There and Back Again

The day started at 6:00am with a cold shower and drew – for all practical purposes – to an end 12 hours later with another one. In the intervening period, we went to Kerewan and back.
Kerewan is a largeish village on the North (i.e. “other” side of the River Gambia). It is reached by a good road – an improvement I have seen over the years – and takes about 45 minutes to an hour after the ferry crossing. British Health and Safety officials would be advised to avoid the ferry on mental health grounds. It is jam packed with vehicles from motorbikes to transcontinental lorries, all loaded beyond all known tolerances. Once this has been effected, the gates are opened and a seething mass of humanity streams on board – mothers with babies on their backs and three or four containers on their heads, men with flocks of goats, horses, a few cattle, peddlers of all descriptions selling water, biscuits, officiously cleaning your shoes uninvited and then wanting money for it. There are also pousse-pousse (wheelbarrow) men who bring on sacks of rice and old car parts etc.
The main purposes of the trip were to “touch base” with the village elders in the form of the Village Development Committee, to renew acquaintance with some of the staff at Kerewan Basic School, where the forthcoming IRA group will be staying, to pay an information gathering visit to the building site where the group will work and, of course, to deal with the snake.
Unlike a similar one day trip a year ago things were relatively uneventful, praise be to Allah. I didn’t get stuck 100 yards off shore the only person on board the ferry and in charge of 240 1.5litre bottles of water. We didn’t even get stopped by the police for overloading a car.
After the outward-bound ferry crossing Rohey and Alesana wanted breakfast. I was glad I had already eaten as I watched them get bread and then have it filled with indescribable bits of “meat” from a stall. There were lots of locals swarming round the stall and some of the provender was clearly intestinal in origin: I have always steered clear of “andouilles” (entrails) in France, so there was no way any of the Gambian equivalent was going in my mouth.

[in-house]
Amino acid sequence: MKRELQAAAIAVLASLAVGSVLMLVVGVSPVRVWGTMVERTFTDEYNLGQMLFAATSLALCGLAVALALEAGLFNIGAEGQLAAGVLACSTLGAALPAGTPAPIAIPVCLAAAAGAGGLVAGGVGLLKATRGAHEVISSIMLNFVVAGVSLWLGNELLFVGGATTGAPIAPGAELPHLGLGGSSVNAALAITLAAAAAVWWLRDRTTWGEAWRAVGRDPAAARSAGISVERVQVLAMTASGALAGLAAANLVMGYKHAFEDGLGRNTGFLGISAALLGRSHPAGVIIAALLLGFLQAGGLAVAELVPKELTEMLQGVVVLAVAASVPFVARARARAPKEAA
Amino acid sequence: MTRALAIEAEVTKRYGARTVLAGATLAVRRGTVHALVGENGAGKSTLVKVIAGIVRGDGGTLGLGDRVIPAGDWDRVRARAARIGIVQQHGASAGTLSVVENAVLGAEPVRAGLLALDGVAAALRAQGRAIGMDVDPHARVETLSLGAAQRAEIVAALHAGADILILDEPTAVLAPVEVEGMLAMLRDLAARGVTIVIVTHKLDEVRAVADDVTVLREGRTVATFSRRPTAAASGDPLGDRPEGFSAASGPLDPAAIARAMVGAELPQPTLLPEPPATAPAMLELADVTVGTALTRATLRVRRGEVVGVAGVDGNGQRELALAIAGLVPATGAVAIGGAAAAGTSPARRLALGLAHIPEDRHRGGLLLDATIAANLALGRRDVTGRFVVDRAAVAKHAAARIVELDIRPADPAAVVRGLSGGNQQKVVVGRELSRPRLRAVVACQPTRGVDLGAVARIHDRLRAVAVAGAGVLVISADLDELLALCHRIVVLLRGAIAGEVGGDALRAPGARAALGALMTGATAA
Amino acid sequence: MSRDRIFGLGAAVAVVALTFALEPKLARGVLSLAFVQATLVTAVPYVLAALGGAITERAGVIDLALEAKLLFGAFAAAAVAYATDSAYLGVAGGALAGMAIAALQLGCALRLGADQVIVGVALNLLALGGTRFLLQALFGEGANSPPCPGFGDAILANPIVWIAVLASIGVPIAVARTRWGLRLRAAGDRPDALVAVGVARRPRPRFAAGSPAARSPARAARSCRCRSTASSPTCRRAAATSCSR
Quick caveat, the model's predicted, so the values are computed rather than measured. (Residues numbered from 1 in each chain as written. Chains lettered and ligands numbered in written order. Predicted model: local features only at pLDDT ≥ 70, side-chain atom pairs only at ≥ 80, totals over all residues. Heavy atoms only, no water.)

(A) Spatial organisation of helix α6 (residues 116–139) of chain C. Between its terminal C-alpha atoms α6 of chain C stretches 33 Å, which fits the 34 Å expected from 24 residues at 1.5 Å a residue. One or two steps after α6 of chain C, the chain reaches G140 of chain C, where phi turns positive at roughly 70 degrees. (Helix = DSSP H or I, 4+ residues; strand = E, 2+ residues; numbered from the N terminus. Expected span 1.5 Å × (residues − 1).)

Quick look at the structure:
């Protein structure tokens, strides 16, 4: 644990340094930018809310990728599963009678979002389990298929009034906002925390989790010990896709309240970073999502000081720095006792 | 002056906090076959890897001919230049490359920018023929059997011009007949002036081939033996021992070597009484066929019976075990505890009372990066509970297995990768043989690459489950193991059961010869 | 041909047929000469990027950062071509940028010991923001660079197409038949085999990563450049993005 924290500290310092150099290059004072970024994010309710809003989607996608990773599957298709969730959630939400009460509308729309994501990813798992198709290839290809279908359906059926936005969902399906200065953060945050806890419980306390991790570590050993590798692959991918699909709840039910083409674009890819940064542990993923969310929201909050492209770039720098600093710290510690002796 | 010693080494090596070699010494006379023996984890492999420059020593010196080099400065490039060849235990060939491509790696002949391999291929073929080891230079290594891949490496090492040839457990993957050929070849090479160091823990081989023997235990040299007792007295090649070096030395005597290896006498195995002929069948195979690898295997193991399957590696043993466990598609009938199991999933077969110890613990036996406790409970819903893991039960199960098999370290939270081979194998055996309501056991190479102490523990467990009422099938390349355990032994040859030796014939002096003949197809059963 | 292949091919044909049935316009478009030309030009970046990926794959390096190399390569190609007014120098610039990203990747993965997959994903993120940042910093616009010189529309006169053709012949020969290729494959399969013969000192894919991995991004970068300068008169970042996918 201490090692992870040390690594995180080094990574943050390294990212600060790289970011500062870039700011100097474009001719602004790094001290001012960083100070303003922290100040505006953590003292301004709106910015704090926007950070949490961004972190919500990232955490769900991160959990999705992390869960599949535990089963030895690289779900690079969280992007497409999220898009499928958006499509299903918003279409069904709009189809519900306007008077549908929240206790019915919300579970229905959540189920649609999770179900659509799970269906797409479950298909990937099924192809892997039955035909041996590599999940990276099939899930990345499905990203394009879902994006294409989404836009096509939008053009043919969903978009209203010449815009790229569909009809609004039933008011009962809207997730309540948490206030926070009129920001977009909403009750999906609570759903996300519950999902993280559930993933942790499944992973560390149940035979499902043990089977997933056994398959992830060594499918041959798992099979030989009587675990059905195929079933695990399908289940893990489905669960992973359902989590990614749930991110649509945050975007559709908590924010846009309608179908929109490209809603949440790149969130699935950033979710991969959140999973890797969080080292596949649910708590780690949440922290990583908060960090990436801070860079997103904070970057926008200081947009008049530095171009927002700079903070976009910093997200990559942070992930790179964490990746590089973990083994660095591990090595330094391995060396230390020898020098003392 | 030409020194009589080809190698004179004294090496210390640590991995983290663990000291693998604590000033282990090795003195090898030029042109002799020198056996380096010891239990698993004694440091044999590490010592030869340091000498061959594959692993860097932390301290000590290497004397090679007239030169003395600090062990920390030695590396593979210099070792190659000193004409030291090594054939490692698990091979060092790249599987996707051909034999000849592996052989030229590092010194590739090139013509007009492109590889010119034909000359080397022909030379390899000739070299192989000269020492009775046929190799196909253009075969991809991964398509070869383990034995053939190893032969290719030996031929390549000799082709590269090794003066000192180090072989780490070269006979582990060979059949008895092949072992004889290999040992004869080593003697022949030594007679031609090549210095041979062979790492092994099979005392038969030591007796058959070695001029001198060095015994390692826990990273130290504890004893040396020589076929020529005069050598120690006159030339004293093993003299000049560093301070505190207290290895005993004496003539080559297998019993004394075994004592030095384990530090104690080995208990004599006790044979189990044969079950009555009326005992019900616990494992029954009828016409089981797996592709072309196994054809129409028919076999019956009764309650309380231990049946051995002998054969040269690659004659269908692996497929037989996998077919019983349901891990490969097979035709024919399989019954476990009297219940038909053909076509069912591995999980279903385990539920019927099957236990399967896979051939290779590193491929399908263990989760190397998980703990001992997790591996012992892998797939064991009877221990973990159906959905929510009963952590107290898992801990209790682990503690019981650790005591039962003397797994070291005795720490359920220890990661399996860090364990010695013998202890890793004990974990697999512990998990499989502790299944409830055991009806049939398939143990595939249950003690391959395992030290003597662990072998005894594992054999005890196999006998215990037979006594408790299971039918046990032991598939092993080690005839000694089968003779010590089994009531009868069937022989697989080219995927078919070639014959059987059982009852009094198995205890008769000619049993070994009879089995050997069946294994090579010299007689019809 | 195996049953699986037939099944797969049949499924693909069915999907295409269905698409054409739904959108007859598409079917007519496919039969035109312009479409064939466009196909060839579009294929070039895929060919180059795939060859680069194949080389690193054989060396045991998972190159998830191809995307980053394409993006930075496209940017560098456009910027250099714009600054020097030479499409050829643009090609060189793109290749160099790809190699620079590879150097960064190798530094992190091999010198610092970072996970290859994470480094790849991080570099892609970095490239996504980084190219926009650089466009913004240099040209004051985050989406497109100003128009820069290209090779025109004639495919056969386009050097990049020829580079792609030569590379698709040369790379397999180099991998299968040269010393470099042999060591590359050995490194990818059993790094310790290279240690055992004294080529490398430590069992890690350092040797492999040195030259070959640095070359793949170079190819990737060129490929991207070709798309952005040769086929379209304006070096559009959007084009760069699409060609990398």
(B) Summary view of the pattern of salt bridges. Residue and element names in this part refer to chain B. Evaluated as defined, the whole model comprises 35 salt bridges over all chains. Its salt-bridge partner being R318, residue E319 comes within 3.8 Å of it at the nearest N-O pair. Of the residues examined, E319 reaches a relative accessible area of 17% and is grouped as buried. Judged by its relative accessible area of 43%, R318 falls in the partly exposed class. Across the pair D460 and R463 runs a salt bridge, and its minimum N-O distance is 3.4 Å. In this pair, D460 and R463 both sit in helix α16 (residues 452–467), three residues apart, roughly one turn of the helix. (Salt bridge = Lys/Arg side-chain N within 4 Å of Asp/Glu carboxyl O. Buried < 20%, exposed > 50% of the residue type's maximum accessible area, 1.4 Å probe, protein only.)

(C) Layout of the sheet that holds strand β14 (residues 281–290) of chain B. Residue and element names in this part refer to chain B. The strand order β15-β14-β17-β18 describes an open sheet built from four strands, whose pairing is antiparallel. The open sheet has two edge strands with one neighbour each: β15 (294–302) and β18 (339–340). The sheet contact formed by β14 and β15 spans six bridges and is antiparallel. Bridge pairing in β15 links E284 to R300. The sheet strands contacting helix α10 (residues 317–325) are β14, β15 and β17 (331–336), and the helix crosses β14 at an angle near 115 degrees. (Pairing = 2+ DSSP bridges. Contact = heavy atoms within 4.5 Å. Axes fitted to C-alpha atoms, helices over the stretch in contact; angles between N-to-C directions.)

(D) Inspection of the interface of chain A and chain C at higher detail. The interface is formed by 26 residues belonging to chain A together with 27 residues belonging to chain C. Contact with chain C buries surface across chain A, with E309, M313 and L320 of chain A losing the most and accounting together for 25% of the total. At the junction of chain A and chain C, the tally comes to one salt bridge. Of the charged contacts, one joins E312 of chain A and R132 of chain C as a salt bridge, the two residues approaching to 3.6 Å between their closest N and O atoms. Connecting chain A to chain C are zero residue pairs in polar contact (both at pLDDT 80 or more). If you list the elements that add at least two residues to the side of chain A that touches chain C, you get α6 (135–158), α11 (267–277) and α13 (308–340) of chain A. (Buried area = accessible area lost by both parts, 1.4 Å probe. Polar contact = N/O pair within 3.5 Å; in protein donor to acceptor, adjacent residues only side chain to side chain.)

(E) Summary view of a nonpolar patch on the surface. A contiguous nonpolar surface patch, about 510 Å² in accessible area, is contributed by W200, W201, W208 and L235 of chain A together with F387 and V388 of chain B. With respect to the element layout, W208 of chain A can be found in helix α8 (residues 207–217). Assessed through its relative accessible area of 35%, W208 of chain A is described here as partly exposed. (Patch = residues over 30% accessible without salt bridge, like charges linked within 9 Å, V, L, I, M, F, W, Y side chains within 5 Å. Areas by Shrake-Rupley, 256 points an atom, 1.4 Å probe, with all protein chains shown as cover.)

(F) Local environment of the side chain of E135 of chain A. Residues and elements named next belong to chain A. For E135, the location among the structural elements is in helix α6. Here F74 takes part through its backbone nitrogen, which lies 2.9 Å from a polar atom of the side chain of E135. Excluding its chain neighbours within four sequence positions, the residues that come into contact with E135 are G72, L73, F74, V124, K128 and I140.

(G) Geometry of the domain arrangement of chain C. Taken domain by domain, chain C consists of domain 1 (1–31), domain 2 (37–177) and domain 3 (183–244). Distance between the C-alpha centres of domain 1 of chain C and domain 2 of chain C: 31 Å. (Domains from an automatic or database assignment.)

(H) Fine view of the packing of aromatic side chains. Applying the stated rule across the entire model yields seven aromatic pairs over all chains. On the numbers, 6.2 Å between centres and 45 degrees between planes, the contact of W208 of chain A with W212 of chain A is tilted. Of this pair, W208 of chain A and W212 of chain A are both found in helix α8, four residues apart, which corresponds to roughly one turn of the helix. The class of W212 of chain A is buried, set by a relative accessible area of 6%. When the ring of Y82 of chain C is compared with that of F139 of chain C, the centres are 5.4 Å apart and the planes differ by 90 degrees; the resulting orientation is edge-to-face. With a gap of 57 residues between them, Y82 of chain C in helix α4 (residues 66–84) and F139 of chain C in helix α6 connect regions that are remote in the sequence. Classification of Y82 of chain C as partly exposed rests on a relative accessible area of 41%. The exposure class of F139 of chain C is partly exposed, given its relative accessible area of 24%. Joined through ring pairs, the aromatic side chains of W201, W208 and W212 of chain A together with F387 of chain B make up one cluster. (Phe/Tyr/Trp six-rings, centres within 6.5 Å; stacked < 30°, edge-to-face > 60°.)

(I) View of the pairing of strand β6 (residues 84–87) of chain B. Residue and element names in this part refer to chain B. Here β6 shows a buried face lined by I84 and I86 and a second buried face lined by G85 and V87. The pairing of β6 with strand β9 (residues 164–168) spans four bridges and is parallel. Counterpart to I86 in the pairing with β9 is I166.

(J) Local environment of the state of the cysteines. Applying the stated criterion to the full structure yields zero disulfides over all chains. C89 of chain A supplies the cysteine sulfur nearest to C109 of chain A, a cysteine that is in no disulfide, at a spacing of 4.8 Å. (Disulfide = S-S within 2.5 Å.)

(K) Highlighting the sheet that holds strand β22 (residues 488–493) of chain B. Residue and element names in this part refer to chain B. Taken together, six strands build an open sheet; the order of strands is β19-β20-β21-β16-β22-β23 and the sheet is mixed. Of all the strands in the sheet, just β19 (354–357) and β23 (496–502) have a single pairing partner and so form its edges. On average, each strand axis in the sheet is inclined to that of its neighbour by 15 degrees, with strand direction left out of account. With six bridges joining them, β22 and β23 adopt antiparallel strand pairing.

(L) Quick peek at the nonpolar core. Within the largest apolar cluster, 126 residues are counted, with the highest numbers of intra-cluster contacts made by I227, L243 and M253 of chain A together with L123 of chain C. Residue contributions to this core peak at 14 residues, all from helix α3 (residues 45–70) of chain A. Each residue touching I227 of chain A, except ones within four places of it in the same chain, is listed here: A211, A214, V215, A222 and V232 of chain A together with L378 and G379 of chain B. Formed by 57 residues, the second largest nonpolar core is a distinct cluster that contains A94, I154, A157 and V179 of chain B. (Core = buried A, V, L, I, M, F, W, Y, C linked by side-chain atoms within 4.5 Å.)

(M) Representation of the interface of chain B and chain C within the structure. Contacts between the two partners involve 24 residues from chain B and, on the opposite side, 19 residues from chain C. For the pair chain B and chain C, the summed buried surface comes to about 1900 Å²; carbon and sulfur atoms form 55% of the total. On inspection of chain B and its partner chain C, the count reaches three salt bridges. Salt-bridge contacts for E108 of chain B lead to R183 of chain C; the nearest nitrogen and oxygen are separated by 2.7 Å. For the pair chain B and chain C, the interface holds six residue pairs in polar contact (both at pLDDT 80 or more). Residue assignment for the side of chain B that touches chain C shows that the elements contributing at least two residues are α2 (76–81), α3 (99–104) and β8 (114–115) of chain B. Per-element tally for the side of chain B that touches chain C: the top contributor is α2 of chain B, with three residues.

The meeting with the village elders went well. They had been left in the dark during some previous visits and the current PIA management are keen to avoid this again: after all, their village as a whole will benefit from any completed PIA skills centre so it’s only politic to keep them on side. On a purely practical level, they have also agreed to provide support possibly in the form of work parties etc. and generally to facilitate groups’ endeavours.
The school staff were, as always, welcoming and said they were glad to provide accommodation for the groups.
The information gathering was straightforward: it looks as though the Inverness group will build on the concrete foundations already laid for a second building, by laying about three courses of blocks ready for a “big push” when the June group from Aberdeenshire comes out. There will also be a need to make more blocks for them, after we have used up the 300 or so currently ready for use.
We examined the wiring in place in the first, virtually-completed, workshops and decided what was needed to make it useable.
The “snake poison” was indeed something akin to Jeyes’ fluid, a substance apparently inimical to snakes. It was splattered around the site, but particularly in the vicinity of the shipping container which holds – rather, held – materials, tools etc. This was sent out by a Dumfries and Galloway contingent two or three years ago. It is sad to see the effect the termites have had on the contents: a broom completely eaten bar the nylon bristles, for example. The desks which were inside last year and had had their wooden tops eaten away are now in the locked workshop, but their promised refurbishment has not yet happened: I’m told the money provided by a previous group was nowhere near enough to buy enough chipboard, so what was bought is still uninstalled though mercifully free of termite damage in the workshop.